The present invention relates to a system for encryption and authentication in digital communications, and, more particularly, to a system for encryption and authentication utilizing unique characteristics of a communications channel.
BACKGROUND OF THE INVENTION
Since the pioneering of wireless data transmission more than a century ago, exhaustive research has been focused on improving the capacity of the wireless channel while maintaining robustness. Various modulation schemes and advances in RF design address these issues at the physical layer, yet the security aspect of the wireless network is usually left as an afterthought, to be handled at higher layers with cryptography.
When considering the security of a wireless network, the two major issues that must be considered are access control and privacy assurance. Access is restricted to authorized users by the use of various authentication mechanisms that verify the user's identity. Privacy of the data communicated in the network is protected by cryptography. Although these two aspects of security can be examined independently from each other, vulnerability in one of the two security mechanisms will almost definitely expose the other.
Authentication mechanisms depend on some form of handshaking between the client and a server, transferring sensitive information over the open channel. Interception of such information would allow a rogue client to gain access to the network, and, therefore, intricate mechanisms must ensure the privacy of the handshake, often allowing for security holes. Cryptographic mechanisms are based on a key that will allow encryption and decryption of data at the two ends of the channel. This key can be preordained or distributed upon connection. Both options have vulnerabilities that can be exploited.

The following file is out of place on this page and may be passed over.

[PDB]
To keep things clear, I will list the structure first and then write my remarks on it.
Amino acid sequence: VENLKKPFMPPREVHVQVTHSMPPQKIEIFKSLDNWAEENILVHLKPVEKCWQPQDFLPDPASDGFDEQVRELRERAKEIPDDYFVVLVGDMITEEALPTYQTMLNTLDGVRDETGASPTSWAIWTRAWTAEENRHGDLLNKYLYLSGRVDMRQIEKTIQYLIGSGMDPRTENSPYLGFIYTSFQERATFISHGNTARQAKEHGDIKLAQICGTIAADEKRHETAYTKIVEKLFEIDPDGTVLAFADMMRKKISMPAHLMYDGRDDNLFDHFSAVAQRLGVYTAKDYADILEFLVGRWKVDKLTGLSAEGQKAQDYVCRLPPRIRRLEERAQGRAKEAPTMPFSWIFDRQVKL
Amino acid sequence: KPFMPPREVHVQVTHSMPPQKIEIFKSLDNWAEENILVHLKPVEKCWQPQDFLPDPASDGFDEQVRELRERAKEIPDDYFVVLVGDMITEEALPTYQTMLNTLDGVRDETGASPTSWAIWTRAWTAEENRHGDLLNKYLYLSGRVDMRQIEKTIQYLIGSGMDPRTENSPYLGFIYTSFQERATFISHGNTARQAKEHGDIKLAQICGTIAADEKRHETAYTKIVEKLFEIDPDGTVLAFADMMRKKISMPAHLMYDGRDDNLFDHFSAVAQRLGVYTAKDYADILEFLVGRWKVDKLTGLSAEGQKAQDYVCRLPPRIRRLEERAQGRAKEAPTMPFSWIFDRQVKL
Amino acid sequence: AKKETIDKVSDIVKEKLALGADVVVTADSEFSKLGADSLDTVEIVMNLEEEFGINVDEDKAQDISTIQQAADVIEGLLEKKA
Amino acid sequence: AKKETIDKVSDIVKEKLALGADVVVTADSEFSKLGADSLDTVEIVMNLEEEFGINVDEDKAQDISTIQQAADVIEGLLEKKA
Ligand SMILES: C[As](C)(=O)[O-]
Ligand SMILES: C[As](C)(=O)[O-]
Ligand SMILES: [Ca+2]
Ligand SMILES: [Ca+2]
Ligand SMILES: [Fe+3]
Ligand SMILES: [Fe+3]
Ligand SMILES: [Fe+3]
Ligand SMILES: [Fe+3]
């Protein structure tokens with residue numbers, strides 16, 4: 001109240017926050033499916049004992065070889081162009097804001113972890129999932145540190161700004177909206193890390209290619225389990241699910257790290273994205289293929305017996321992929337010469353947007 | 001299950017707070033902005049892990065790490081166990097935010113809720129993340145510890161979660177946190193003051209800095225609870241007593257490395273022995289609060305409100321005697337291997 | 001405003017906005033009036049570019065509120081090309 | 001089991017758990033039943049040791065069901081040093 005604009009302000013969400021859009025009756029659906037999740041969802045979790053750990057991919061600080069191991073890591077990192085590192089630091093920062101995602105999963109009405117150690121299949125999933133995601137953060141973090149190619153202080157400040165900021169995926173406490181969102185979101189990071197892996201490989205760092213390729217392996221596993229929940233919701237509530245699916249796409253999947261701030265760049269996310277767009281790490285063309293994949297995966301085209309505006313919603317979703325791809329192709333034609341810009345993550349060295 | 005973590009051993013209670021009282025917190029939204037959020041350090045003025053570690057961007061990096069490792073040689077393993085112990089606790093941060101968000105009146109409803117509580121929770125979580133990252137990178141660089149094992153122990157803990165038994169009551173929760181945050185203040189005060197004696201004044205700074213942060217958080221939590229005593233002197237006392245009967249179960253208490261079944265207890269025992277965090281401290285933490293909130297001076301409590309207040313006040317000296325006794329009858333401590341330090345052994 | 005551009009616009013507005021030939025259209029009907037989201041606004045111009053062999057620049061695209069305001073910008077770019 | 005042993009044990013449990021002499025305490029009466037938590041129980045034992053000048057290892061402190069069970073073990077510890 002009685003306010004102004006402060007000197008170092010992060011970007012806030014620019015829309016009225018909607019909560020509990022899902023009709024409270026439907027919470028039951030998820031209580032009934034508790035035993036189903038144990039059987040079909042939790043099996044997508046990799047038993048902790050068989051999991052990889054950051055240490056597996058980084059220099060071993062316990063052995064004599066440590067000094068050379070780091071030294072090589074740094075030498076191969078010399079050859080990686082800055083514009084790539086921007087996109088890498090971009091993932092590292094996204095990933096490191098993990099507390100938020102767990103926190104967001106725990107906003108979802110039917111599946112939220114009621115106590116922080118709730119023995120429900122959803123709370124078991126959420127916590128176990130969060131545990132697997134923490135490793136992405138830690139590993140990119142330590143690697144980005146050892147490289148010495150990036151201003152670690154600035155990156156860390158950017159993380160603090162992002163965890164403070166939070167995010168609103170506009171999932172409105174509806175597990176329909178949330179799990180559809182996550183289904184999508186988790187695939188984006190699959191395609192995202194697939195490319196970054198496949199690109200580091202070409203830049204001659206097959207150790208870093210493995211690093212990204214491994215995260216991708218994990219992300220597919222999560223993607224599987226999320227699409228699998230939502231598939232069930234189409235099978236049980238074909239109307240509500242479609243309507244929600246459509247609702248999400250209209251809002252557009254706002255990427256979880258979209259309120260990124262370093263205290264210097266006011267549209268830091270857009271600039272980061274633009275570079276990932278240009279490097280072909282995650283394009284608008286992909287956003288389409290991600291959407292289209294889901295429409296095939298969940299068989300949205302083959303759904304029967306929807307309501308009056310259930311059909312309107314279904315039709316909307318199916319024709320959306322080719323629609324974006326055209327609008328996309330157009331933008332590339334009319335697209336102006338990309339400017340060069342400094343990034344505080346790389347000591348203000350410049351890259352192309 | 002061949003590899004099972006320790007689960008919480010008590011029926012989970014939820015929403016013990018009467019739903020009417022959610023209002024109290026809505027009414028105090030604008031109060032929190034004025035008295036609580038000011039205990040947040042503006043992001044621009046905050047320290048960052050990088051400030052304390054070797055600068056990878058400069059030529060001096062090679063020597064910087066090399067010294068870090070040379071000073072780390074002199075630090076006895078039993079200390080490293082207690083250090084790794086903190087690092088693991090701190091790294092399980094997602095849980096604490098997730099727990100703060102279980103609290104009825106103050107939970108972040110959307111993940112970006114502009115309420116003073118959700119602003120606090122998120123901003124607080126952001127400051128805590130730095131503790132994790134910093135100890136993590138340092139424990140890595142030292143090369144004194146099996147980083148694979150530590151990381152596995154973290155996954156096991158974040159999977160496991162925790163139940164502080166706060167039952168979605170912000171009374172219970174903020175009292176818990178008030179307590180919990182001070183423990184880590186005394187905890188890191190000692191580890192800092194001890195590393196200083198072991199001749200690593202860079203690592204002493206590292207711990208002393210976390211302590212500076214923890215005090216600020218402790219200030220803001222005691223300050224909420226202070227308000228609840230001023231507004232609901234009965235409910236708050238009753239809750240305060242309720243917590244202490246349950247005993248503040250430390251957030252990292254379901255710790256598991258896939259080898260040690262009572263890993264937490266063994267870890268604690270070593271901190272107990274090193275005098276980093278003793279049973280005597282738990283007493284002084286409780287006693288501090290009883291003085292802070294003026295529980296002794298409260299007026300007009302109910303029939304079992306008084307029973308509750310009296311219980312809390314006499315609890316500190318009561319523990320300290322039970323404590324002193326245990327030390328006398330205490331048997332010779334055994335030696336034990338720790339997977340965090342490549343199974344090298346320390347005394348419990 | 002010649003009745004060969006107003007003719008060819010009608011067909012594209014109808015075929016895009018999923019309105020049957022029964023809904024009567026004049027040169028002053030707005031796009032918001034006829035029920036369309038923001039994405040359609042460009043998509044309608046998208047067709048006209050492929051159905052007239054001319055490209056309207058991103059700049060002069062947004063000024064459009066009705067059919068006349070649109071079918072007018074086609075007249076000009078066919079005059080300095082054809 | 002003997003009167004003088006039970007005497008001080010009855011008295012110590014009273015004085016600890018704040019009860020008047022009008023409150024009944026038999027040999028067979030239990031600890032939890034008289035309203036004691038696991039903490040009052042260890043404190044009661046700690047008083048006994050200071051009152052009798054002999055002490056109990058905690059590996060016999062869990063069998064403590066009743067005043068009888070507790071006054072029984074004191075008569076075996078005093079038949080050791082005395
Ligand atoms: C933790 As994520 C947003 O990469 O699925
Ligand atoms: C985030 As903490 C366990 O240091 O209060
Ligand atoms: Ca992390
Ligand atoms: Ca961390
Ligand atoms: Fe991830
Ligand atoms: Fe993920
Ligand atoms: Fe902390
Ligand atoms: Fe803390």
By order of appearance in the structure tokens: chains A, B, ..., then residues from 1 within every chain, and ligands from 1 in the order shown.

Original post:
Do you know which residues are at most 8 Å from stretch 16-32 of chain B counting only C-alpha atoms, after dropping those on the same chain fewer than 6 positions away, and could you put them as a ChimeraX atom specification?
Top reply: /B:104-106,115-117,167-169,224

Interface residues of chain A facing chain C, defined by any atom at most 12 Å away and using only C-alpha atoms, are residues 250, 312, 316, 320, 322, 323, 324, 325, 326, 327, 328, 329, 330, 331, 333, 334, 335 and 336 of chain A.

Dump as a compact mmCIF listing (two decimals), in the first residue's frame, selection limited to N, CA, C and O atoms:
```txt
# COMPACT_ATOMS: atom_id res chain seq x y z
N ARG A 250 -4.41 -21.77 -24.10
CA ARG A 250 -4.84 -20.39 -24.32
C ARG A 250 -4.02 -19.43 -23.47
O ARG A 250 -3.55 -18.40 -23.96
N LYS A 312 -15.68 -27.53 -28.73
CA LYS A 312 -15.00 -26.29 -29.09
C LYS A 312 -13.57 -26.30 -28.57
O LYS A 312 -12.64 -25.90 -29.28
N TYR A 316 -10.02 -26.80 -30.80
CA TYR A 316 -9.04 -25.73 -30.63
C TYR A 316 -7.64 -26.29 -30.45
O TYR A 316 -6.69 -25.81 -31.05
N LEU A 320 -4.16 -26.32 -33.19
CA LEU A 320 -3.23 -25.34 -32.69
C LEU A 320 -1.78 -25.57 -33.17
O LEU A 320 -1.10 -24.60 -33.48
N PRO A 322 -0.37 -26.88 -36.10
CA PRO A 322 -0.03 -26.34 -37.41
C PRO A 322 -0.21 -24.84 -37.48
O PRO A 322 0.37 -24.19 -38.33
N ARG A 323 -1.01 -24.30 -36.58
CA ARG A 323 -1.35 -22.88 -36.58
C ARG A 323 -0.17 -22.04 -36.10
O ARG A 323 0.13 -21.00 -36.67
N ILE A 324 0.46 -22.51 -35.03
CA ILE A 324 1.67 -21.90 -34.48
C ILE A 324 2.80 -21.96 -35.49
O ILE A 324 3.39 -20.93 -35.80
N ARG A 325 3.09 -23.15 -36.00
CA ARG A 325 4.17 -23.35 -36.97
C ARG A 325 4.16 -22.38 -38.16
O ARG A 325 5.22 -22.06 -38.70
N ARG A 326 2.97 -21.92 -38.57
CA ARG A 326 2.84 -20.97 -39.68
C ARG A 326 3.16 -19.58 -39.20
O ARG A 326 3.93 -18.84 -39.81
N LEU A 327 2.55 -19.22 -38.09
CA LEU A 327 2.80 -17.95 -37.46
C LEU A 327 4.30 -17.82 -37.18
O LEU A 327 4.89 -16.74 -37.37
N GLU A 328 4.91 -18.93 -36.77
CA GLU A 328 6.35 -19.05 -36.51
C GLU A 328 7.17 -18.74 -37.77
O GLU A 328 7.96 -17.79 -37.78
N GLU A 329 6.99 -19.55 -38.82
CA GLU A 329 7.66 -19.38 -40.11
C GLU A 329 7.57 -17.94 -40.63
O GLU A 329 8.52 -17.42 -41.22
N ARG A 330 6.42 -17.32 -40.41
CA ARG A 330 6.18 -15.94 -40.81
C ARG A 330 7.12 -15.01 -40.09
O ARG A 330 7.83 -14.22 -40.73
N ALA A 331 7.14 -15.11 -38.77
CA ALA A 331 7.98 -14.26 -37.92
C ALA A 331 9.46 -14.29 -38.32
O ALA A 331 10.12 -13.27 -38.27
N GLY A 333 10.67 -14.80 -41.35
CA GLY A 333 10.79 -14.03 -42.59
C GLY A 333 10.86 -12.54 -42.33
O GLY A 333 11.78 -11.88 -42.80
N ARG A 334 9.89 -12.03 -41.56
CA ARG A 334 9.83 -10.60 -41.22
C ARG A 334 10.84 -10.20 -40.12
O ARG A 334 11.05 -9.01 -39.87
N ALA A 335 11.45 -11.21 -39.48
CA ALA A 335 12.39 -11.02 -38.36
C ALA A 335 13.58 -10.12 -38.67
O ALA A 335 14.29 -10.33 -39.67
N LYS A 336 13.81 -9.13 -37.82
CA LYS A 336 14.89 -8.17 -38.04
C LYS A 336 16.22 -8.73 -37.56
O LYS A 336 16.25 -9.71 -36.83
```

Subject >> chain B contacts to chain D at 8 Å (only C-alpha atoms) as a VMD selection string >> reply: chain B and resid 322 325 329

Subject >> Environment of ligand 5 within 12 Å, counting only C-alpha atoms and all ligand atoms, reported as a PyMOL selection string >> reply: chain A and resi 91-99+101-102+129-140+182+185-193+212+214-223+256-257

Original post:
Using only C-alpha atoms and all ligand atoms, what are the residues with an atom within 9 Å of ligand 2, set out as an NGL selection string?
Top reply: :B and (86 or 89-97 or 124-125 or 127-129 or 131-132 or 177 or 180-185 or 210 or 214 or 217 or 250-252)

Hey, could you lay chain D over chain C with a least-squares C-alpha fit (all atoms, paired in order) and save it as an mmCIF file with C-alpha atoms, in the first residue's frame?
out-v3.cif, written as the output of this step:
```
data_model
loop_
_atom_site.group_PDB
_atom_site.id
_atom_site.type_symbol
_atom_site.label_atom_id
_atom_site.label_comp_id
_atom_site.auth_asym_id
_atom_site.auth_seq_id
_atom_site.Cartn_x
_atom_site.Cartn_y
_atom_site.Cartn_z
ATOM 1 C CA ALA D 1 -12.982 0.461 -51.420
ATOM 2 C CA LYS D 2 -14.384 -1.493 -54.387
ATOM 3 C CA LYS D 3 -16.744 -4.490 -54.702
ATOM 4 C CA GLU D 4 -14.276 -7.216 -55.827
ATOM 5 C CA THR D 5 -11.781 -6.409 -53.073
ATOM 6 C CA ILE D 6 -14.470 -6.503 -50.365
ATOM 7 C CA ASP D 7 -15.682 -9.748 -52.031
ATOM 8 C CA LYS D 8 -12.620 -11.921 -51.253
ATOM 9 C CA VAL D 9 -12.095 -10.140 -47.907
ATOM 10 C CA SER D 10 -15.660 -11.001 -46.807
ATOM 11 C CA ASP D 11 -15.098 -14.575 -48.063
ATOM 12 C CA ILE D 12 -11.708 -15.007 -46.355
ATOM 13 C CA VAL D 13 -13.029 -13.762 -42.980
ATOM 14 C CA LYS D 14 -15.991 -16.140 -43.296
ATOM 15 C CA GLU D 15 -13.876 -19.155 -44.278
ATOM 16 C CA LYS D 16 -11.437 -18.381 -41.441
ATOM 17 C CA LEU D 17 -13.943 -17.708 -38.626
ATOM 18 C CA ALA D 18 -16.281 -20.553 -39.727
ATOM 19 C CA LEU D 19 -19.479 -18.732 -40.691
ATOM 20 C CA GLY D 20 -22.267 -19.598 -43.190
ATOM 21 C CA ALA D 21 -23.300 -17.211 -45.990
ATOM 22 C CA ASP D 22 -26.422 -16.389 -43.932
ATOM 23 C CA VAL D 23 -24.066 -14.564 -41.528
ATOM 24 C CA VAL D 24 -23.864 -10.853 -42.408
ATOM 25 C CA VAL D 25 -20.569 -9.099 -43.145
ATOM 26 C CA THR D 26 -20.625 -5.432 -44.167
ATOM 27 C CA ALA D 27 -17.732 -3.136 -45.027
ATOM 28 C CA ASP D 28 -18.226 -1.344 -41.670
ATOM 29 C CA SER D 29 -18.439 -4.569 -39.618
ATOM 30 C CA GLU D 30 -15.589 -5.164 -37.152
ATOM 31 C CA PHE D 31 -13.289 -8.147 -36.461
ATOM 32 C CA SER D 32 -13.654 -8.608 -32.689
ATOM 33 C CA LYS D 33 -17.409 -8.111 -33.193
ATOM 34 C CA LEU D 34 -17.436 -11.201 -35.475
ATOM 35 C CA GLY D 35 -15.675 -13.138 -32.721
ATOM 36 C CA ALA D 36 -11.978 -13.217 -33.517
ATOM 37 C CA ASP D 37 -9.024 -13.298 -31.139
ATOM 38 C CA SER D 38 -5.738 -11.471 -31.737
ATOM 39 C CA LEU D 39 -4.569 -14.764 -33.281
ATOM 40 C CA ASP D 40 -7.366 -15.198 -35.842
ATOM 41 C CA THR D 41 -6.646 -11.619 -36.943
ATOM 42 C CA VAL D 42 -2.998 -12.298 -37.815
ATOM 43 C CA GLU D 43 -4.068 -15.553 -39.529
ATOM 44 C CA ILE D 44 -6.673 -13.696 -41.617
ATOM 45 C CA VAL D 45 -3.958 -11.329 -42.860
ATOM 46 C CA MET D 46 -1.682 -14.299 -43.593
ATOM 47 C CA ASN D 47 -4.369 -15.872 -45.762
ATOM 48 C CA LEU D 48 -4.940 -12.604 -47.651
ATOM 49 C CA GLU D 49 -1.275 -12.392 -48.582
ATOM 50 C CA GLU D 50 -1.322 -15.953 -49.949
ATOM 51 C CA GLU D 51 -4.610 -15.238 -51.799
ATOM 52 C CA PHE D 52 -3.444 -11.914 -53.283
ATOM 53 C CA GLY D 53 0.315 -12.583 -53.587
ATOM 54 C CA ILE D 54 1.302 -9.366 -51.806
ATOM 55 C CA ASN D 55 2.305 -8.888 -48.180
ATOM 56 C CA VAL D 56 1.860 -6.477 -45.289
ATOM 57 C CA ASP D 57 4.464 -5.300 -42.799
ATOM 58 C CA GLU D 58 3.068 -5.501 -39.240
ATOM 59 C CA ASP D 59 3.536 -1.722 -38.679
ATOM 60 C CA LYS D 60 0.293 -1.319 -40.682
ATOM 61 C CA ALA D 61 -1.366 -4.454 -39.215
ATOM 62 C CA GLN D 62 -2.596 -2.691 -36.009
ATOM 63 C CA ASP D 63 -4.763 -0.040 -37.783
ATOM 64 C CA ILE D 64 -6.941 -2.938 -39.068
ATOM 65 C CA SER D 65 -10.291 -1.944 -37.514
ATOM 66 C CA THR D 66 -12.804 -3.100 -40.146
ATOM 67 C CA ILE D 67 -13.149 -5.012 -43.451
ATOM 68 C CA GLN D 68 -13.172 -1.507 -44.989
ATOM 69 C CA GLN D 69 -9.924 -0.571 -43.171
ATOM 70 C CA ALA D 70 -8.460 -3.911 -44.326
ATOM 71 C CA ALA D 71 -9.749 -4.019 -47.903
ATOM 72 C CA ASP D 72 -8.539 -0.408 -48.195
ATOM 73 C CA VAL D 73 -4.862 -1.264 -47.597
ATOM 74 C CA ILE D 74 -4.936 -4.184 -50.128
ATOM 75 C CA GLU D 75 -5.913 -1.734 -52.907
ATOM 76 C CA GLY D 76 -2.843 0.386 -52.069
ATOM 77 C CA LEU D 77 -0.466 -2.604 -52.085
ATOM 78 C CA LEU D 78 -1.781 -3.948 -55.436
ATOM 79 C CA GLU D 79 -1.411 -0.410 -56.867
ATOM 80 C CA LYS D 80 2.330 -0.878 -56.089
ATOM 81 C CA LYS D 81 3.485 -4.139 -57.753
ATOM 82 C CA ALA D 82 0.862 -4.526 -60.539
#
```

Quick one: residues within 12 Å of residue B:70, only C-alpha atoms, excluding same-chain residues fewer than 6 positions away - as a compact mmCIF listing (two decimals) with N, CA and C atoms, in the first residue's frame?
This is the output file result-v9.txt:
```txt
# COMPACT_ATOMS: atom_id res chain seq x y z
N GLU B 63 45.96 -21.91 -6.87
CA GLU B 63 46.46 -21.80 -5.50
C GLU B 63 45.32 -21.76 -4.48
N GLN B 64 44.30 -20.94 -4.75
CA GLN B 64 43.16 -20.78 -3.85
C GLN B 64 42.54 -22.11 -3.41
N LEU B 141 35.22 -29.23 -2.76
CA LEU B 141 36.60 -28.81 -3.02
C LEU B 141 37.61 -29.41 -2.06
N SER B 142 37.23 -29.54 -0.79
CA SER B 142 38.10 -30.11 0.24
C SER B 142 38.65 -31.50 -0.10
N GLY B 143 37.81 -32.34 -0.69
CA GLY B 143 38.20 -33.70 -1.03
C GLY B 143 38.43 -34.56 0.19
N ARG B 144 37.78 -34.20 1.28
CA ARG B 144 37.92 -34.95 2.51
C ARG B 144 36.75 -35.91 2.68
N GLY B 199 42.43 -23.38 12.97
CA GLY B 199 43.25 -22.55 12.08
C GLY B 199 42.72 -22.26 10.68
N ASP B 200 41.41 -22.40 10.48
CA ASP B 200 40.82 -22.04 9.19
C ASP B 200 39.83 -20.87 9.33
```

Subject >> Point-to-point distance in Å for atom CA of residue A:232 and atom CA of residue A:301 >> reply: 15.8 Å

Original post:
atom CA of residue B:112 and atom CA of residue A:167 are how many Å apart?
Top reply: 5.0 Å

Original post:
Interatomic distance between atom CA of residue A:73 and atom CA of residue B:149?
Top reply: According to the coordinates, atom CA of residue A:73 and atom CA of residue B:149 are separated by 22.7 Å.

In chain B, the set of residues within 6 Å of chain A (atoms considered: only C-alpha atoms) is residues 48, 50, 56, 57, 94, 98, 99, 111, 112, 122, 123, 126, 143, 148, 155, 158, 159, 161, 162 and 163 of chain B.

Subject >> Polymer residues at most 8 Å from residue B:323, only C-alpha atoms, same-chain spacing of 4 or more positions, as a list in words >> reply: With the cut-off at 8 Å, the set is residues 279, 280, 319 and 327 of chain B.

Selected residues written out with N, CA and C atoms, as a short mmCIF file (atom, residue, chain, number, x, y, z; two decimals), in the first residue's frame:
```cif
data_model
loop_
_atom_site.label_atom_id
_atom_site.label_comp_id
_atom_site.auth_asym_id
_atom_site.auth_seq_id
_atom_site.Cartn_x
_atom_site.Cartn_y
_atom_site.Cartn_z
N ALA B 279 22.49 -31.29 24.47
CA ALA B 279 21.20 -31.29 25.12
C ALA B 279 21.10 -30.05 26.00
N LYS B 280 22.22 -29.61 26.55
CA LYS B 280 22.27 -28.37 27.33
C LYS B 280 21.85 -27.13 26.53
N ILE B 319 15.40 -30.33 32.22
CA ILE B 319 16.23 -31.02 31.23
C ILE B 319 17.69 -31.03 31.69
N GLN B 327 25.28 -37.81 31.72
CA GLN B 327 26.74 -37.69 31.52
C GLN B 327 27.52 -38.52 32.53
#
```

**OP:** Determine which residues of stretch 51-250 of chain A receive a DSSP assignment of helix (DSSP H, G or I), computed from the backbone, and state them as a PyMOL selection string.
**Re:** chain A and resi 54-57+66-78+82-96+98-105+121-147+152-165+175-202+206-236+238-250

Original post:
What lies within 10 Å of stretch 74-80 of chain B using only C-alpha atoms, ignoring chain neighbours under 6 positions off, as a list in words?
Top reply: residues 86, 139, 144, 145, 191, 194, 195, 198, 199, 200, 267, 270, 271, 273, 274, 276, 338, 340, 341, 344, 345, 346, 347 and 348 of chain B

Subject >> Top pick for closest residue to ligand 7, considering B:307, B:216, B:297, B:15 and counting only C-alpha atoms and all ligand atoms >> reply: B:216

SUMMARY OF THE INVENTION
The present invention overcomes the disadvantages and shortcomings discussed above by providing a system that offers a number of advantages over the prior art. For example, although the aforestated security problems exist in any network, wired or wireless, mobility, an attribute inherently associated with wireless networks, requires that the communications channel is available in the entire covered area, making it easier for an unauthorized client to monitor communications or impersonate an authorized user. There is however a feature of a wireless channel that may be used as a security advantage. The characteristics of the communications channel have unique features that can only be determined by the two ends of the channel.
Experimental data has indicated that the characteristics of the channel are dynamic enough spatially to be used to differentiate between users that are close to each other, while at the same time static enough temporally to ensure the same key can be generated with one or multiple packet exchanges. Generating an encryption key on-the-fly at both ends independently significantly reduces overhead and risk associated with current key distribution techniques.